Government Banning Vulgar
What should we do with the crap that is pushed upon our persons? China decided to ban the sales of horror related audio and video products.
Although I would agree that there is a lot of vulgar media out there that provides no benefit to ones life other than to subject us to violence, cruelty and terror. The solution can not be a government ban.
When a government body decides what it means to be vulgar the community pays the consequence. It encourages the populace not to think for themselves since they can appeal to a higher authority regardless of whether that authority is right or wrong. Instead they should be encouraged to think about not only the choice but what value that choice brings and what costs.
Not all horror lacks value so a governmental ban could exclude valuable content. There are many examples of horror that still has a value beyond the simple purpose of causing an adrenalin high. Take for example the cautionary tales of Event Horizon and The Trial (Der Prozess) by Franz Kafka.
On the plus side, the Chinese government unlike the American religious right realized that the Harry Potter series did provide a value to the children and it helped to inspire imagination and creativity. Thus they are not banning it. This being said though that doesn't mean that Harry Potter could not end up back on the ban list at a latter date. This is a problem that government regulation of this types face. Items getting banned not because of it's actual content but because of other political reasons.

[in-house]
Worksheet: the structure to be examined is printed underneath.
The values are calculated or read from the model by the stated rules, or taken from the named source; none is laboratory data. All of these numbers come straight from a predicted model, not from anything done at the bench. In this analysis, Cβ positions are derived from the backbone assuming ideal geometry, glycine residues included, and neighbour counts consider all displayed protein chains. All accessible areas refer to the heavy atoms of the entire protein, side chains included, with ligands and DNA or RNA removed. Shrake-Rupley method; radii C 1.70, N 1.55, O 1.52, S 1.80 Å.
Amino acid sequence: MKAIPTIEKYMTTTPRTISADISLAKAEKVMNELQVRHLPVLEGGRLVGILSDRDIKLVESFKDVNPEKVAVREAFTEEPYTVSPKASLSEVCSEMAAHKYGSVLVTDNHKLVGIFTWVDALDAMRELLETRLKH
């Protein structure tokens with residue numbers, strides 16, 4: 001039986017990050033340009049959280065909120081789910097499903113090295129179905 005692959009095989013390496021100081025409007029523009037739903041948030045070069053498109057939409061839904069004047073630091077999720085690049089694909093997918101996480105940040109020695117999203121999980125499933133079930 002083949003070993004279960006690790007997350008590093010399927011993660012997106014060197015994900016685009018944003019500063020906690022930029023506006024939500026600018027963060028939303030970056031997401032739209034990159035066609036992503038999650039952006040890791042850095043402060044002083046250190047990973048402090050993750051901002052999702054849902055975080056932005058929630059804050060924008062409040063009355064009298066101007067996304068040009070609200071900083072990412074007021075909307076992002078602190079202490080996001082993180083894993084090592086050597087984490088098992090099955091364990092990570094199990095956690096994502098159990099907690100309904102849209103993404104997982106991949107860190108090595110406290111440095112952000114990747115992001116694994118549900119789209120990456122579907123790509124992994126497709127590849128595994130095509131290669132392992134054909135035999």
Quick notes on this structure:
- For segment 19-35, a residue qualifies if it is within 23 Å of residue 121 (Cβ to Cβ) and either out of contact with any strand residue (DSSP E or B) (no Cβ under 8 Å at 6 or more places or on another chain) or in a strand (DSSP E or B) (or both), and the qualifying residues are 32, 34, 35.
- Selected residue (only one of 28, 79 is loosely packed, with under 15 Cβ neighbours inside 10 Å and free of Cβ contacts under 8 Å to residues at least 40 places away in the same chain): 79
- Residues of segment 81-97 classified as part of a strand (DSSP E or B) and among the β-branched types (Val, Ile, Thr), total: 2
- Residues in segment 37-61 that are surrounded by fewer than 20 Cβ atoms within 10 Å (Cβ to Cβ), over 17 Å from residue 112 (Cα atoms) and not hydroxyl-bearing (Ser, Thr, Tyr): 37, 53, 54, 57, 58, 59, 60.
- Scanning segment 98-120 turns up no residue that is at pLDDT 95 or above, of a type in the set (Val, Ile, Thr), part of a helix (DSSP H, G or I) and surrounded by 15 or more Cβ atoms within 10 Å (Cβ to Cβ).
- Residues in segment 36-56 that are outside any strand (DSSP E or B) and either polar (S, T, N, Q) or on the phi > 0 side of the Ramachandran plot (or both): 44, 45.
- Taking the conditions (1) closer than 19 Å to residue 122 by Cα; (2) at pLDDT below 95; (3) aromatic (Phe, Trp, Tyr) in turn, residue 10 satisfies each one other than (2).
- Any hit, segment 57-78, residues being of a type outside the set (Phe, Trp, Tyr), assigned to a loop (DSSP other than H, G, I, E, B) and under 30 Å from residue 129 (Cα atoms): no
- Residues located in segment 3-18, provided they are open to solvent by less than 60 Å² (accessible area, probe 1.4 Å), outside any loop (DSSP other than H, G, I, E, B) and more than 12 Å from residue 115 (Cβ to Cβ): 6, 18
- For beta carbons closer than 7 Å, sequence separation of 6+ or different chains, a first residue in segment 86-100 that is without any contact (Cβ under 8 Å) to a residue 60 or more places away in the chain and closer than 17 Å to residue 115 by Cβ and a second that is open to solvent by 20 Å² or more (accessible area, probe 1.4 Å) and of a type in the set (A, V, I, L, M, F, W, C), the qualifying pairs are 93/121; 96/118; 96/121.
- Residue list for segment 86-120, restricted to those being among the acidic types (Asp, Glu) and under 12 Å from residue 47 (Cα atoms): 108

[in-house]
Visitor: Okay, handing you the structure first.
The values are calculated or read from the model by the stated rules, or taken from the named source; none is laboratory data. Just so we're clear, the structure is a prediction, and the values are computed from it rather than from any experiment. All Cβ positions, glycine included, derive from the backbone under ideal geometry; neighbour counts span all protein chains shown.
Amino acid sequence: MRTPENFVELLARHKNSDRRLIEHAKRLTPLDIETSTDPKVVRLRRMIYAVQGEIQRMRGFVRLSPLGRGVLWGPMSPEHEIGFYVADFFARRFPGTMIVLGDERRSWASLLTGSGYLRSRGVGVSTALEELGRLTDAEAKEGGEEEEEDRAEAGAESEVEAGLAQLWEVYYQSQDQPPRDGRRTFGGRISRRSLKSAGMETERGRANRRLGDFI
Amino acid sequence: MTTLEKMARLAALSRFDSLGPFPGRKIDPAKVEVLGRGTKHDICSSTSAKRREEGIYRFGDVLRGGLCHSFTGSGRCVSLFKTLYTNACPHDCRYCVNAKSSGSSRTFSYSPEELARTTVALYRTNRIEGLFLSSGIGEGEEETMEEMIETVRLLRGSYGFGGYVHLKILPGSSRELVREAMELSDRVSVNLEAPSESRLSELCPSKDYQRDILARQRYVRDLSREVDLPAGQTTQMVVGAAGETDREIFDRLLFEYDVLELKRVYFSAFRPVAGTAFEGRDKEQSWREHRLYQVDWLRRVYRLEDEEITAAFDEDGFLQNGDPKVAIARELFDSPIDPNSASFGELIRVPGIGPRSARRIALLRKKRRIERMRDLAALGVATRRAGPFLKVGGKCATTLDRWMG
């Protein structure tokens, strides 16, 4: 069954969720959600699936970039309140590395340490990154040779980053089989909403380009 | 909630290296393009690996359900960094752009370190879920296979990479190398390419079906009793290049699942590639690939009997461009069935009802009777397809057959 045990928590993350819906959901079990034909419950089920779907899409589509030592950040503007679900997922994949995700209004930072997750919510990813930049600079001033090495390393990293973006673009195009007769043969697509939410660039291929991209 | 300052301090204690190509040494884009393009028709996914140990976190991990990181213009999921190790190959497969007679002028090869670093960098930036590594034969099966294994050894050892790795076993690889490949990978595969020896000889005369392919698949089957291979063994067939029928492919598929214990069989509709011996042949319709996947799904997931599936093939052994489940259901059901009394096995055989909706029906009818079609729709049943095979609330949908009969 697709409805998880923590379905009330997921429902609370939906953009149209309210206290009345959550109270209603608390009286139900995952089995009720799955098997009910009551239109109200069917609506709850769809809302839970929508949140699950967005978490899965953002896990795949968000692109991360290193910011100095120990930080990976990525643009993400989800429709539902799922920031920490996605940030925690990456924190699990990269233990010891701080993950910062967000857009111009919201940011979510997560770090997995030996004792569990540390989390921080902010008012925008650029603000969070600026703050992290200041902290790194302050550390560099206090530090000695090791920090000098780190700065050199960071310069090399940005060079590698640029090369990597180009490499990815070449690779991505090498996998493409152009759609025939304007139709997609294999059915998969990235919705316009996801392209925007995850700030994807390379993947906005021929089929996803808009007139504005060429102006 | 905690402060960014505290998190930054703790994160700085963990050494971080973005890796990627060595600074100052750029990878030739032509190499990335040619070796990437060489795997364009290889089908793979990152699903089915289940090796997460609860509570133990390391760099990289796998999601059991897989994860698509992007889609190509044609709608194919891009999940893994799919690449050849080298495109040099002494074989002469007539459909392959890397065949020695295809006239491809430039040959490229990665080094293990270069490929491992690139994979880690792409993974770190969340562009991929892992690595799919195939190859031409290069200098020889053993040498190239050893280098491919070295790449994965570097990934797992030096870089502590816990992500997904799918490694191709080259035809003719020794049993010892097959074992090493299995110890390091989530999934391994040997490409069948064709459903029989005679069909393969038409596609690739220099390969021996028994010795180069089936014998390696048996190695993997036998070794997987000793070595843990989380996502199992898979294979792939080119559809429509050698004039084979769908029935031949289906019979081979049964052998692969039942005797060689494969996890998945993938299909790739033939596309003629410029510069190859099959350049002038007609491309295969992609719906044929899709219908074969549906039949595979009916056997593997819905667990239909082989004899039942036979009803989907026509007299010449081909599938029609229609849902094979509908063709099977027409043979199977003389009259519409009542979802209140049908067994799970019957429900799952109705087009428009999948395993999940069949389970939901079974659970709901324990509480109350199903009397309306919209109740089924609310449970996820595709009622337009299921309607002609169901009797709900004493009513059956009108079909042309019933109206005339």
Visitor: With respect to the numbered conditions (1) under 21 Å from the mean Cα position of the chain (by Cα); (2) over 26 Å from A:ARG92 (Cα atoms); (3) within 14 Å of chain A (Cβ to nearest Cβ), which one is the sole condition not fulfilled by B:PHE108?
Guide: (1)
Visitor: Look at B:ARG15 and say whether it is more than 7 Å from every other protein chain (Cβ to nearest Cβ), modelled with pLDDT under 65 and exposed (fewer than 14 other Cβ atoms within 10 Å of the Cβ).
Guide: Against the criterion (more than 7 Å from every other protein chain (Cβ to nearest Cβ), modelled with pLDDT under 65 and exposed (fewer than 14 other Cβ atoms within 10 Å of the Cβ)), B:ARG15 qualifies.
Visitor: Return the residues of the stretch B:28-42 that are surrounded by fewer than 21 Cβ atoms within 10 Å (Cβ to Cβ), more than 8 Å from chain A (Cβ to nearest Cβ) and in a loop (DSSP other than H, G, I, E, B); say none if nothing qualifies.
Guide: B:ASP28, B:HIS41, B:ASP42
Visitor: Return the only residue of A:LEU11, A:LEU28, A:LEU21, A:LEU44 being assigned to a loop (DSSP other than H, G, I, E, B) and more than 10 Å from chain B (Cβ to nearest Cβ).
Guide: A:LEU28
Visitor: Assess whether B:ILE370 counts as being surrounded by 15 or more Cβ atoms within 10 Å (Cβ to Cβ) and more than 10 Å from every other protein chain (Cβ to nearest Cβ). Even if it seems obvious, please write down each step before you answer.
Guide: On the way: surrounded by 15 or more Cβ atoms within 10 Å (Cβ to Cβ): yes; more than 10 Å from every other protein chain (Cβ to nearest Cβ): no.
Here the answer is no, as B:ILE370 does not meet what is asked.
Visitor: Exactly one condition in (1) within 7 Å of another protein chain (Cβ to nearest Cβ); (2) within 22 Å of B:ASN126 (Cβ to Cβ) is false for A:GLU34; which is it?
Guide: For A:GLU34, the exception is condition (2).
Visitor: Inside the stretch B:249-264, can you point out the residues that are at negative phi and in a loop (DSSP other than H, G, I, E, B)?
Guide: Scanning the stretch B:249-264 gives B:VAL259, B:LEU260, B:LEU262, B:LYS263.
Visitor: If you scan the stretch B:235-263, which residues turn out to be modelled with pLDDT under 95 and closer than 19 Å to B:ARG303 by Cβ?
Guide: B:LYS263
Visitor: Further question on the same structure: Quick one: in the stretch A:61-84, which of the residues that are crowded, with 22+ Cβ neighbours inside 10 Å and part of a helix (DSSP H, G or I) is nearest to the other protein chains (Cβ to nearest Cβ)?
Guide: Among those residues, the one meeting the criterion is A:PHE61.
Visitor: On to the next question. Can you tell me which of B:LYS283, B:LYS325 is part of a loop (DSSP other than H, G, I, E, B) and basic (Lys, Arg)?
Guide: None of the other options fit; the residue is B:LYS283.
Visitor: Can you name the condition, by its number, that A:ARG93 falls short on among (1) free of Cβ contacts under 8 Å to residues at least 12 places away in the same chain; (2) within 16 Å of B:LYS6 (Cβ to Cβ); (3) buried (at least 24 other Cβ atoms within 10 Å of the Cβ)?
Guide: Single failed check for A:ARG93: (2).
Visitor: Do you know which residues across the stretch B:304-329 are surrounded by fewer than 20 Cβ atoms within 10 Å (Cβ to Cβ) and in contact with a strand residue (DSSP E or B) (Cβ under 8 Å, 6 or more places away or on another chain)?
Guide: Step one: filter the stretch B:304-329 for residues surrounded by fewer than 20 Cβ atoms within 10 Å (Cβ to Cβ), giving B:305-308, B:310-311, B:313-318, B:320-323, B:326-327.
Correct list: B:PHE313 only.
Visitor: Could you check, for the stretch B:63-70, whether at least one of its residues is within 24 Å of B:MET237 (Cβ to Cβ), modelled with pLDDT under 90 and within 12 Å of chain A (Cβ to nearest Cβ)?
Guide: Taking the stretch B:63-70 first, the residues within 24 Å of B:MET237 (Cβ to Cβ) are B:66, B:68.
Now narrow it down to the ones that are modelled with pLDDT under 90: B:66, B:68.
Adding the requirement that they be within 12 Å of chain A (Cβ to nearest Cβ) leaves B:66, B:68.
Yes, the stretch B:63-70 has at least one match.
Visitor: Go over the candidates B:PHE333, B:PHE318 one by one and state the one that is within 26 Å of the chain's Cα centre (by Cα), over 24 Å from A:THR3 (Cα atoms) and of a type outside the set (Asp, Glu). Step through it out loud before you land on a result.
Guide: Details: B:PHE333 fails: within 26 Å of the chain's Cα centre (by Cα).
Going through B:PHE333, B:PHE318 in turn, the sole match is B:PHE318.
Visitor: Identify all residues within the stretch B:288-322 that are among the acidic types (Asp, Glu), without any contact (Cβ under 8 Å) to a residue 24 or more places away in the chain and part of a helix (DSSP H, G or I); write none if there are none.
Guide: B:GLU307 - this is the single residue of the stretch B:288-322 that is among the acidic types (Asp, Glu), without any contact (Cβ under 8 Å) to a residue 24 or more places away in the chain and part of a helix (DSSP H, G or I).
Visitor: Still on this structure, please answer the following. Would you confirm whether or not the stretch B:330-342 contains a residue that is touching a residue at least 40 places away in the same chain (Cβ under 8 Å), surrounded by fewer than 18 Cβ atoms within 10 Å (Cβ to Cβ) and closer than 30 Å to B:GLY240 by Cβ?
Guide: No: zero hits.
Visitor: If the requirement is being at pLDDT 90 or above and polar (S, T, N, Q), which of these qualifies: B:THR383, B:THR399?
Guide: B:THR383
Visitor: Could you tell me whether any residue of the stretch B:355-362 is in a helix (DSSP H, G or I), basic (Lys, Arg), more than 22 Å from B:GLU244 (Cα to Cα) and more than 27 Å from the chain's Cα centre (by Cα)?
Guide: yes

Telling someone that they can not have something creates a desire to have it. Those in the populace who would normally recognize the lack of value in the vulgar content would be tempted to consume it just to see what the big deal is all about. Banning the content would increase demand.
Than there is the risk of driving the producers and consumers of this media underground. This would destroy any discourse where members of the populace would normally openly discuss the value or lack of value and the cost that the particular media has.
Banning content is not a means of getting rid of it. I think of the failed American experiment on prohibition and the war on drugs. The real solution would be to address the reason for the demand.